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Protect the water

One of the big ideas in healthcare today is preventative medicine. Treat the causes instead of the symptoms, proponents say, and you’ll keep people healthy and avoid expensive procedures down the road. I wholeheartedly agree with this approach. To me, continuously investing in newer, better treatment strategies should be accompanied by a parallel efforts in minimizing and eliminating the potential causative agents.

Take cancer, for example. While some scientists are developing better drug delivery strategies — an effort I would never underestimate — others are exploring the genetic predispositions that make some of us more susceptible and trying to find ways to intervene before the disease appears.

But taking that approach singles out the individual organism for study. What about devising a strategy that addresses the entire system?

The link between environmental exposure and public health has long been recognized, but are we doing enough?

April Gu, a Northeastern University associate professor of civil and environmental engineering, is working on improving the water supply by removing disease-causing contaminants such as pathogens and toxic contaminants that may have various health impacts such as cancer.

It is equally important to invest in the prevention of potential root causes of disease — such as improving water and air quality — as the symptoms they may induce.

Researchers in Gu’s Environmental Biotechnology Laboratory develop biological platforms for testing water quality. Here’s how one of the platforms work: The biosensors use a biological component, such as DNA or protein, to biochemically bind contaminants. Changes to the bio-component result in a fluorescence signal that can be read with a portable device developed in collaboration with Tsing Hua University in Beijing.

Gu’s biosensors can detect contaminants on the micro- and nanogram levels, a capability that should not be overlooked: Long-term exposure to even a very small amount of a given contaminant could be enough to cause damage.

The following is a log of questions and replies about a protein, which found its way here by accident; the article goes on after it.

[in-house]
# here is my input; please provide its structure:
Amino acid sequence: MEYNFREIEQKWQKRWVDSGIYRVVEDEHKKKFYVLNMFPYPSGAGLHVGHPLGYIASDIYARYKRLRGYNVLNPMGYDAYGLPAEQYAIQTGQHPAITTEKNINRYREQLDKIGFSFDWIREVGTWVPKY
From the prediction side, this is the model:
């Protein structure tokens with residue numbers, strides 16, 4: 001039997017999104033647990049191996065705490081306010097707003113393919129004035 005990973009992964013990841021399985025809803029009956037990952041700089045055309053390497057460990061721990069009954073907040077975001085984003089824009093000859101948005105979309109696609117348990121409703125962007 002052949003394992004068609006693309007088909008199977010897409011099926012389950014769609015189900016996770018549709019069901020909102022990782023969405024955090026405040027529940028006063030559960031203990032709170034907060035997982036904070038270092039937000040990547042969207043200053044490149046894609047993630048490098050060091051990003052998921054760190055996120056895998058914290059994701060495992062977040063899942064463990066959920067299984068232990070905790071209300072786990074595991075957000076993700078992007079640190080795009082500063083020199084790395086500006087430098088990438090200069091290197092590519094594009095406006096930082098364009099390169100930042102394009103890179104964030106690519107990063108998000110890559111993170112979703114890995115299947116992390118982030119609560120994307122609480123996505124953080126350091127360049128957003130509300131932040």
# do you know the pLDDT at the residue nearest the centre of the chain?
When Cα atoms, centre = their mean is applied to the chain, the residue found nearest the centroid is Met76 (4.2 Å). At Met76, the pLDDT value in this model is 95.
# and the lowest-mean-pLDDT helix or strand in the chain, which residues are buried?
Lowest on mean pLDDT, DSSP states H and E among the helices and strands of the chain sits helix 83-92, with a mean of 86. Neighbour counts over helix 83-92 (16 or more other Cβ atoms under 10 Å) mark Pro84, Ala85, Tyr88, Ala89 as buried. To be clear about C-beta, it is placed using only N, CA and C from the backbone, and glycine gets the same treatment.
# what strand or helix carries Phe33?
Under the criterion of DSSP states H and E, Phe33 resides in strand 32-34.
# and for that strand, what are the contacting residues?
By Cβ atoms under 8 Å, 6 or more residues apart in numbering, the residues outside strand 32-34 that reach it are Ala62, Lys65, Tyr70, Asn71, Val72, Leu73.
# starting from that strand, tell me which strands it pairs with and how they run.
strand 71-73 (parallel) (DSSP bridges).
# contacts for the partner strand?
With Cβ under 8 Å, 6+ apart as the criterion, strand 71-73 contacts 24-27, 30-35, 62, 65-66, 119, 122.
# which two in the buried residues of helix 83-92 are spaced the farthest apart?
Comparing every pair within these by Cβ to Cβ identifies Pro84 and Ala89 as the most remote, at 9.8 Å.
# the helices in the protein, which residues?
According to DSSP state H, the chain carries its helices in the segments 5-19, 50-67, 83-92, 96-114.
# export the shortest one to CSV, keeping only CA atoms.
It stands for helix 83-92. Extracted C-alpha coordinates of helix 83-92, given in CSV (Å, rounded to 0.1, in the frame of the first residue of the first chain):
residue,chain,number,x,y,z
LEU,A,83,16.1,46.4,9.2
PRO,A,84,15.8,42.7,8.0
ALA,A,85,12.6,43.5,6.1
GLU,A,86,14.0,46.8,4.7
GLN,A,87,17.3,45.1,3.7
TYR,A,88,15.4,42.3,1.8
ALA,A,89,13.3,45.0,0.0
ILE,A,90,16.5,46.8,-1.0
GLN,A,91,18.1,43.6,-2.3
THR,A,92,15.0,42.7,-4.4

An element of particular interest to Gu’s lab is phosphorous, one of the planet’s most ubiquitous elements, which we strip from rocks and use in fertilizers for food production

Phosphorous in waste-water effluent is required by the Environmental Protection Agency to be kept at very low levels because of its known connection to eutrophication and possible toxic algal blooms. But the standard procedure for removing phosphorous often involves dumping other chemicals into the water, none of which have been regulated. For her part, Gu has been working on developing and optimizing a more sustainable, chemical-free process that removes phosphorous in a biological system.

Gu’s recent research has also shown that low levels of nanomaterials can disrupt the elemental ratios of algae over the long-term. “This may not seem like much,” she says, “but a change at the bottom of the food chain like that may affect the entire ecosystem, which could have major impacts.”

At the current consumption rate, worldwide phosphorous reserves are expected to dry up in 50 to 100 years. But Gu has a plan to help reverse this trend, launching a project to recover the phosphorous obtained through bioremediation efforts, a process that will recover phosphorous from wastewater treatment and products.

The choice is this: We could either treat the symptoms of water contaminants’ impact on our water supply or try to stop it before it wreaks havoc. One of these ideas sounds more appealing and cost-effective to me.

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